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December 17, 2012


Want great products? Start thinking out of the box

by Tom De Baere

bic pensEverybody knows you should be listening to your customers. Give them what they want, right?

And we all think we are doing that: because we have sales guys in the field talking to customers. Because we have marketing people doing desk research, going to conferences, having discussions with customers and what not. And the management team is having important meetings with key customers, and key staff that are knowledgeable.

They know what your customers want, isn’t it?

And then what happens? We all jump into product brainstorm sessions, in which you have lots of people venting their opinions about what customers want. We use the input from sales, marketing and the management team to influence the product or service we want to create.

In the end, this is what you get:

  • A product idea might come from a sales guy who needs it for 1 single customer.
  • An idea comes from a product manager who heard it at a tradeshow from 3 different customers.
  • A marketing manager made a study about a certain market and feels that this would be the future.
  • A product architect thinks that a product is needed because it would fit his vision of what a great architecture should be.
  • And some opinions are stronger than other ones, or just vented by people who have more power in the organisation, which in the end make it to a product easier than “weaker” people in the organisation.

Great products are not created like that

That’s totally wrong. Great products are not created like that.

Great products are created starting from the core business issues of a customer, and from the core strengths of your company.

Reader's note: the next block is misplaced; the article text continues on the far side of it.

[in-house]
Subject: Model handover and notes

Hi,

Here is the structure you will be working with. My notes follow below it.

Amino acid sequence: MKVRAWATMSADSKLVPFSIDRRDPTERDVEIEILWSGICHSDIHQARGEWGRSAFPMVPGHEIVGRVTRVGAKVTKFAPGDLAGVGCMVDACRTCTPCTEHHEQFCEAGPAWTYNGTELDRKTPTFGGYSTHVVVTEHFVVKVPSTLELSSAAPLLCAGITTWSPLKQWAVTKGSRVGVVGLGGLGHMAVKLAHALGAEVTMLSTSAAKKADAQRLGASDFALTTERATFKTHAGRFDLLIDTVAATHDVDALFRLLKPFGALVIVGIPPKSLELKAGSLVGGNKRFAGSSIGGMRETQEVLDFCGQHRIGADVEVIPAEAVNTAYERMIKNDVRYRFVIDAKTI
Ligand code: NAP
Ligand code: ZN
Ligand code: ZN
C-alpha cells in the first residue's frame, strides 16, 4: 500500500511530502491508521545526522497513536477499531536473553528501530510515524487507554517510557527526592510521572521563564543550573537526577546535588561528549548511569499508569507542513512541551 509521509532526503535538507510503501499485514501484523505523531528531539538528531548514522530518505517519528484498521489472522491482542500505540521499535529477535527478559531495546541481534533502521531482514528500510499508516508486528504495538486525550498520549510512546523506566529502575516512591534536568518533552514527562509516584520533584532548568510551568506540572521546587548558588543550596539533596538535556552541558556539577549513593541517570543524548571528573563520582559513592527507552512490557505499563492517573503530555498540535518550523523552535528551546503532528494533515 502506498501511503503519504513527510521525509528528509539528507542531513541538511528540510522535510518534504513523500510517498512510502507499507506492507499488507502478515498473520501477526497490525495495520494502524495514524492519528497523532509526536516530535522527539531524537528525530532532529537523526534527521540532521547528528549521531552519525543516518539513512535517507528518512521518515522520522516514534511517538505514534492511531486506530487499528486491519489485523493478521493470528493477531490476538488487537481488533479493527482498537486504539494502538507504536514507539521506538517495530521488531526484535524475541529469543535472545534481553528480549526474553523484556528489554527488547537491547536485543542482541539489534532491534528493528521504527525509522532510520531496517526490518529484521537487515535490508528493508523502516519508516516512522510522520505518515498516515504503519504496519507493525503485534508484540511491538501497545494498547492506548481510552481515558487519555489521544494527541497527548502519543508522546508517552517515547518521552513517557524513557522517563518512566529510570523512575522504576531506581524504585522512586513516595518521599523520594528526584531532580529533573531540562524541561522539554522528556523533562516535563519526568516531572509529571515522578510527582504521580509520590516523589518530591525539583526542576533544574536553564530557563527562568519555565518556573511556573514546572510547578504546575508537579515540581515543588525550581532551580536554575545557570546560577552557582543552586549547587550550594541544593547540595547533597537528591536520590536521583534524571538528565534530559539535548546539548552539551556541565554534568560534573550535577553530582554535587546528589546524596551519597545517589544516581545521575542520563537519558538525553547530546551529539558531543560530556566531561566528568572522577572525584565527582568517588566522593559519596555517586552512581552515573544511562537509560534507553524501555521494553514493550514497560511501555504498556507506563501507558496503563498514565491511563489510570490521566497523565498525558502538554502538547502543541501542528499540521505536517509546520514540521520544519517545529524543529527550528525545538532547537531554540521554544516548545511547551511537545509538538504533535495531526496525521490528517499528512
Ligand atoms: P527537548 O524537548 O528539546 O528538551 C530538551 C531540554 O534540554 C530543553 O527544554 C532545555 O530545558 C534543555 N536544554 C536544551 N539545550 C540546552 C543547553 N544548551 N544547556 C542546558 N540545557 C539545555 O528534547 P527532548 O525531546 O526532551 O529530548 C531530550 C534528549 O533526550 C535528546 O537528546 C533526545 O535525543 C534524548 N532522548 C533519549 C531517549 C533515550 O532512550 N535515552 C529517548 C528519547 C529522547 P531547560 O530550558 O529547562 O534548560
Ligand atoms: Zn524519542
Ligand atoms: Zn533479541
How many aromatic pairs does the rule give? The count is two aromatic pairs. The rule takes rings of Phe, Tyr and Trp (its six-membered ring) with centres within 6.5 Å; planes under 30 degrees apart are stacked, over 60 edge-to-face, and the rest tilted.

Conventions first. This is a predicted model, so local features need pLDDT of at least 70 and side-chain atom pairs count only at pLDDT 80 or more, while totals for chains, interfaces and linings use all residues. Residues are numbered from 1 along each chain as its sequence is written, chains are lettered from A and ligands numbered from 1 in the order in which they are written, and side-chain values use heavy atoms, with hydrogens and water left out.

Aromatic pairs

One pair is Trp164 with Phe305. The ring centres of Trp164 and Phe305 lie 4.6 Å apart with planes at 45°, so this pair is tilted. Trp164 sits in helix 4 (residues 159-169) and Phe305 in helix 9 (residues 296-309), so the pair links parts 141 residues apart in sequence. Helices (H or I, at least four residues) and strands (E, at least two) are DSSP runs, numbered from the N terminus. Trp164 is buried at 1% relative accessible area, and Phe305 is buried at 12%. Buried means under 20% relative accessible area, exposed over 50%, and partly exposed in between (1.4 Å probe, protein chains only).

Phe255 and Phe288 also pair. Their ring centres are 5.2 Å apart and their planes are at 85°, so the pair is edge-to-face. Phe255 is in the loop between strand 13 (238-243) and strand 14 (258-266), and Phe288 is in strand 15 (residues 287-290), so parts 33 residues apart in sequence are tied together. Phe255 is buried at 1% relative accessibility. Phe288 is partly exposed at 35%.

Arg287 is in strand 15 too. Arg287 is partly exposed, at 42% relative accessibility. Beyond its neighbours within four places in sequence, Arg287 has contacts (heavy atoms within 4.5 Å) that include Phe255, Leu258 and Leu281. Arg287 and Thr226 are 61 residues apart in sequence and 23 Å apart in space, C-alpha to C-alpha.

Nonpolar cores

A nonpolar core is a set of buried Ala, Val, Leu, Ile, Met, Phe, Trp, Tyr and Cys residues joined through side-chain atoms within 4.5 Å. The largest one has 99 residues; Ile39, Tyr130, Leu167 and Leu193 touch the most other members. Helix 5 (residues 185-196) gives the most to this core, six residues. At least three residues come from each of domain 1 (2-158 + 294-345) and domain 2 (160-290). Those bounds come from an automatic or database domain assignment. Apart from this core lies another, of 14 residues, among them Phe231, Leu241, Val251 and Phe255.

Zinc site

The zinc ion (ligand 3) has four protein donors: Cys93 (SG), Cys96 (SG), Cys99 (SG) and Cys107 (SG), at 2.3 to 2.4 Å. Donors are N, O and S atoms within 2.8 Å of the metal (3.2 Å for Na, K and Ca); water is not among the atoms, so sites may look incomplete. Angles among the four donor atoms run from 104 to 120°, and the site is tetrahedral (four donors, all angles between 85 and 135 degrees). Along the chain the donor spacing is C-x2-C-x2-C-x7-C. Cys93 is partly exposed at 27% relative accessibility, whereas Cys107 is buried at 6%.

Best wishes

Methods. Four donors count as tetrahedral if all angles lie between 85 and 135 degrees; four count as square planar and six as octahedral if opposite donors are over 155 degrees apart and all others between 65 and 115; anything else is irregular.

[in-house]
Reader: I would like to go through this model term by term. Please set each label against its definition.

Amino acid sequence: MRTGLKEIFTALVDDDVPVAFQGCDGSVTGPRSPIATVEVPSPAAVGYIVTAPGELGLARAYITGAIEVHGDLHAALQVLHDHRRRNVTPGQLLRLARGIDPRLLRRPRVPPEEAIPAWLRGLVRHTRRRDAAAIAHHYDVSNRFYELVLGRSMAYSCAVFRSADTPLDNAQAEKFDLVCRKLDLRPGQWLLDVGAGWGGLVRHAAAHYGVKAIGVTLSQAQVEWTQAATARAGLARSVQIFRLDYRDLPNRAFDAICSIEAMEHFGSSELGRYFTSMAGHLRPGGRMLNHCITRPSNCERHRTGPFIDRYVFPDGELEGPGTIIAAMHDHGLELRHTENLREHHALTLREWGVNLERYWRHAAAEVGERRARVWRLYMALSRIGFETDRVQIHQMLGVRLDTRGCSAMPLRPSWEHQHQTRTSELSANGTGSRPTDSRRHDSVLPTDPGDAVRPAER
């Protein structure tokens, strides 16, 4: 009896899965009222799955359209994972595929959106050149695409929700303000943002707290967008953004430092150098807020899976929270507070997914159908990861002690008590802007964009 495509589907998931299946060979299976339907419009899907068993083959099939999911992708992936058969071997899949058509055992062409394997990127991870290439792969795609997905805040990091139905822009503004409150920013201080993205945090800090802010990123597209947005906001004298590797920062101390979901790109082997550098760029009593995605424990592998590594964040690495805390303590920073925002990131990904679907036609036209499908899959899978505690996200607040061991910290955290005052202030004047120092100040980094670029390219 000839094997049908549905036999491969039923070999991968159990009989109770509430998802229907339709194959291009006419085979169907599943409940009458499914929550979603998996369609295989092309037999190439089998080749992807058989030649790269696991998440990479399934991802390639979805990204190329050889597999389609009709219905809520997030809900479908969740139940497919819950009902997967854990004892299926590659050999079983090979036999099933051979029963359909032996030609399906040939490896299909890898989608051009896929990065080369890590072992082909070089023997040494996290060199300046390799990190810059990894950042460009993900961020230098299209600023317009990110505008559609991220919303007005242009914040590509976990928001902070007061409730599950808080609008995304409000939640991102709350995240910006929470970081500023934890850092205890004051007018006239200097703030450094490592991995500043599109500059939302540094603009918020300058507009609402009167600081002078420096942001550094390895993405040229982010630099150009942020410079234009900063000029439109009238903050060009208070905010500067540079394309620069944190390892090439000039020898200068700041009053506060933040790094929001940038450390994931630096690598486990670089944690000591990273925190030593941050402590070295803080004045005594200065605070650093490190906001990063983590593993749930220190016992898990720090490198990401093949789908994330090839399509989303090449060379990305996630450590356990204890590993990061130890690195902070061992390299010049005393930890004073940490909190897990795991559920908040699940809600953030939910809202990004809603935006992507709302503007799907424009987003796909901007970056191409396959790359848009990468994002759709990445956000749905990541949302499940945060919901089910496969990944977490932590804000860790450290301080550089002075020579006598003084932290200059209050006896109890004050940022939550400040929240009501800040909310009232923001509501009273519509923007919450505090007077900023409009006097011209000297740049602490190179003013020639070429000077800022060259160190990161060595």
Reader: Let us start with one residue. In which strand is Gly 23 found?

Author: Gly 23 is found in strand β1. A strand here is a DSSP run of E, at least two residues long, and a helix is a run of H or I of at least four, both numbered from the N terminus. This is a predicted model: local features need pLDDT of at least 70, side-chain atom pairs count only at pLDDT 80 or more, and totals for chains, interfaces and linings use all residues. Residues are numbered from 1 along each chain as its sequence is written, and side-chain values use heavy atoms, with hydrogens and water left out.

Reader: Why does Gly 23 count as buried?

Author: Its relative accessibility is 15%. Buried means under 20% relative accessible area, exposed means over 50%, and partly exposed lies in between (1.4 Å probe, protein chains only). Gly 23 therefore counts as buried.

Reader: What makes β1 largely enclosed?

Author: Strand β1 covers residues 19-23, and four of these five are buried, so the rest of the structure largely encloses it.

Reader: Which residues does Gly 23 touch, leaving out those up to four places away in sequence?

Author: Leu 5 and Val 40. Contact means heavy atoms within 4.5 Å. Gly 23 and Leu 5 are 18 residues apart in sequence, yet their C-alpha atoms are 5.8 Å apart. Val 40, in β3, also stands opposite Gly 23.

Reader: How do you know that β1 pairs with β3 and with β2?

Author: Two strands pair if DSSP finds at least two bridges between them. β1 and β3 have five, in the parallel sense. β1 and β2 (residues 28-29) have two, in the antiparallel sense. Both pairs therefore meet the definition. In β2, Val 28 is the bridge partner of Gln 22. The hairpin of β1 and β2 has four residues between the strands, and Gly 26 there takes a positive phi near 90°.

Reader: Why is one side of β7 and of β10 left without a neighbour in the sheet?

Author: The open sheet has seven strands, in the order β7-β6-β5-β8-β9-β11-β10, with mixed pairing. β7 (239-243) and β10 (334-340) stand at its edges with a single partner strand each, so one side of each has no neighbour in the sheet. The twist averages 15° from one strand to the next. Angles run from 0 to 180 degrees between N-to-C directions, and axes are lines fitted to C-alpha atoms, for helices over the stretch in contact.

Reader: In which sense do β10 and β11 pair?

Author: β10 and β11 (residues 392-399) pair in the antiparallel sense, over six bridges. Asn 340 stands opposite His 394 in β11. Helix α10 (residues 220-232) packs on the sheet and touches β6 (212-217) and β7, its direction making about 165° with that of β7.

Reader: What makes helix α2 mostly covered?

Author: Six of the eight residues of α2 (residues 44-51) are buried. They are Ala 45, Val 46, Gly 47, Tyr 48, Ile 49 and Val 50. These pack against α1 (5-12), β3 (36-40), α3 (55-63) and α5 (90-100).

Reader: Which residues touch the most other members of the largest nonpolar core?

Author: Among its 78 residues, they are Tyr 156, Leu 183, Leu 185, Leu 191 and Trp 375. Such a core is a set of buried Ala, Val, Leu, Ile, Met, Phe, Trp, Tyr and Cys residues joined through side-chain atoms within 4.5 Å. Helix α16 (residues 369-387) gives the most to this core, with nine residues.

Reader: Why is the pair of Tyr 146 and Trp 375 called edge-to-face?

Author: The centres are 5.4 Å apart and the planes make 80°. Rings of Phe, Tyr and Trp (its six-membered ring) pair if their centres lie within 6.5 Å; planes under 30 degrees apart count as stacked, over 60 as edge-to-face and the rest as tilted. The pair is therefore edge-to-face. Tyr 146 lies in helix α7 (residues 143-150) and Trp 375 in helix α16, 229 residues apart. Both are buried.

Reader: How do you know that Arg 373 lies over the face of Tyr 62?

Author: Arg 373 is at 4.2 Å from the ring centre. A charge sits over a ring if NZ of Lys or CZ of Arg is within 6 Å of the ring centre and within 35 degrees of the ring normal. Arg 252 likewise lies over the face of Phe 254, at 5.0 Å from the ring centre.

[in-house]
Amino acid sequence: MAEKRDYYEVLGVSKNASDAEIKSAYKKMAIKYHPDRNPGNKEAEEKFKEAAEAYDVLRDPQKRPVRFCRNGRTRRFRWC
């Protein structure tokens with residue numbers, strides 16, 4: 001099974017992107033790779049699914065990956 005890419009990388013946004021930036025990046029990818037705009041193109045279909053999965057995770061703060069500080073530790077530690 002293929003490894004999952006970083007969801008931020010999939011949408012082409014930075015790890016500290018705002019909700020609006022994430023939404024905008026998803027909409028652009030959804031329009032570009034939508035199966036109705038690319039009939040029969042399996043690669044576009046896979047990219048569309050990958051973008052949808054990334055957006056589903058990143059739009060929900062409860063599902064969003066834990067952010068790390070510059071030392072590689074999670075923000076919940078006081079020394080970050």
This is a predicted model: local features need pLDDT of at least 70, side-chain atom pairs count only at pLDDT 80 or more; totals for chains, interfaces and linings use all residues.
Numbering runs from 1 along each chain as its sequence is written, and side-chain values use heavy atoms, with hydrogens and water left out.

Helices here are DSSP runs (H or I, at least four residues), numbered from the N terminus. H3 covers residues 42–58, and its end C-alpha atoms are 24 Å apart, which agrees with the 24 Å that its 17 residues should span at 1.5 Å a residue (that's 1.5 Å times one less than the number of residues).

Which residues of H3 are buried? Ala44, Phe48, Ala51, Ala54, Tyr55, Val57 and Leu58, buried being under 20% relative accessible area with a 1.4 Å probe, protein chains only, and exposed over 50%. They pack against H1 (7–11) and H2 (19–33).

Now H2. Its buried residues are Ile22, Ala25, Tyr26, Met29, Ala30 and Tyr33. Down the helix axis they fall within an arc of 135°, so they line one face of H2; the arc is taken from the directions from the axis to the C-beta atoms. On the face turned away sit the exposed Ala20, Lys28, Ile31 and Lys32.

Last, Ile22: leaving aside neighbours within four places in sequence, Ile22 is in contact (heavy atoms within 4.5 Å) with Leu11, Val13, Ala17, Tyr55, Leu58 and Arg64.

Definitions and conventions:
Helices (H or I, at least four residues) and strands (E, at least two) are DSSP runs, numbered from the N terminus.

Using these core business issues you need to think OUTSIDE of what you have today, and link it with your strengths. Start thinking out of the box, from the outside to the inside.

Thinking from the OUTSIDE to the INSIDE

bic razorsYou can compare it to BIC, you know, the guys who make pens?

How on earth did they start selling razors?

Because they looked at what they did from OUTSIDE the world of pens. They saw they where in the business of consumable products.

And that’s what made them decide to start selling disposable, use-once razors, but also lighters, correctors and a lot of other products.

They didn’t go out and talk to customers about pens. They listened to what their customers where really seeking, and then thought about that.

That’s what happens when you think outside what you do for your customers today. And take that back to the inside. And built them from your inner strengths.

Creating boxes outside the box

Recently I went to a marketing event ( in which Luc De Brabandere talked about this subject and took it further than only looking from the outside to the inside.

Once outside the box, we need to construct a new box or boxes (that is, new intellectual frameworks or models) to help us structure our thinking. Only once we have done so can we generate truly game-changing ideas.

That’s why Apple made the iPod, and not Sony.

That’s why Google Search also resulted in Google Earth

That’s why Philips, a consumer brand, dominates the healthcare market

That’s why Michelin, the tire manufacturer, is now the safety specialist.

That’s why IBM, the computer manufacture, has entered the consulting business.

It is a new paradigm in business creativity that won’t bring any new recipe, but will make you even more hungry!
To think in new boxes is the best way to survive … success!

You can find his full speech in French (sorry for english speaking blog visitors) here :

Do yourself a favor, and watch this. I promise, you won’t regret it. The guy is funny, inspiring and refreshing !

Further reading about this great thinking concept can be found by clicking here.

Warm regards,

Tom De Baere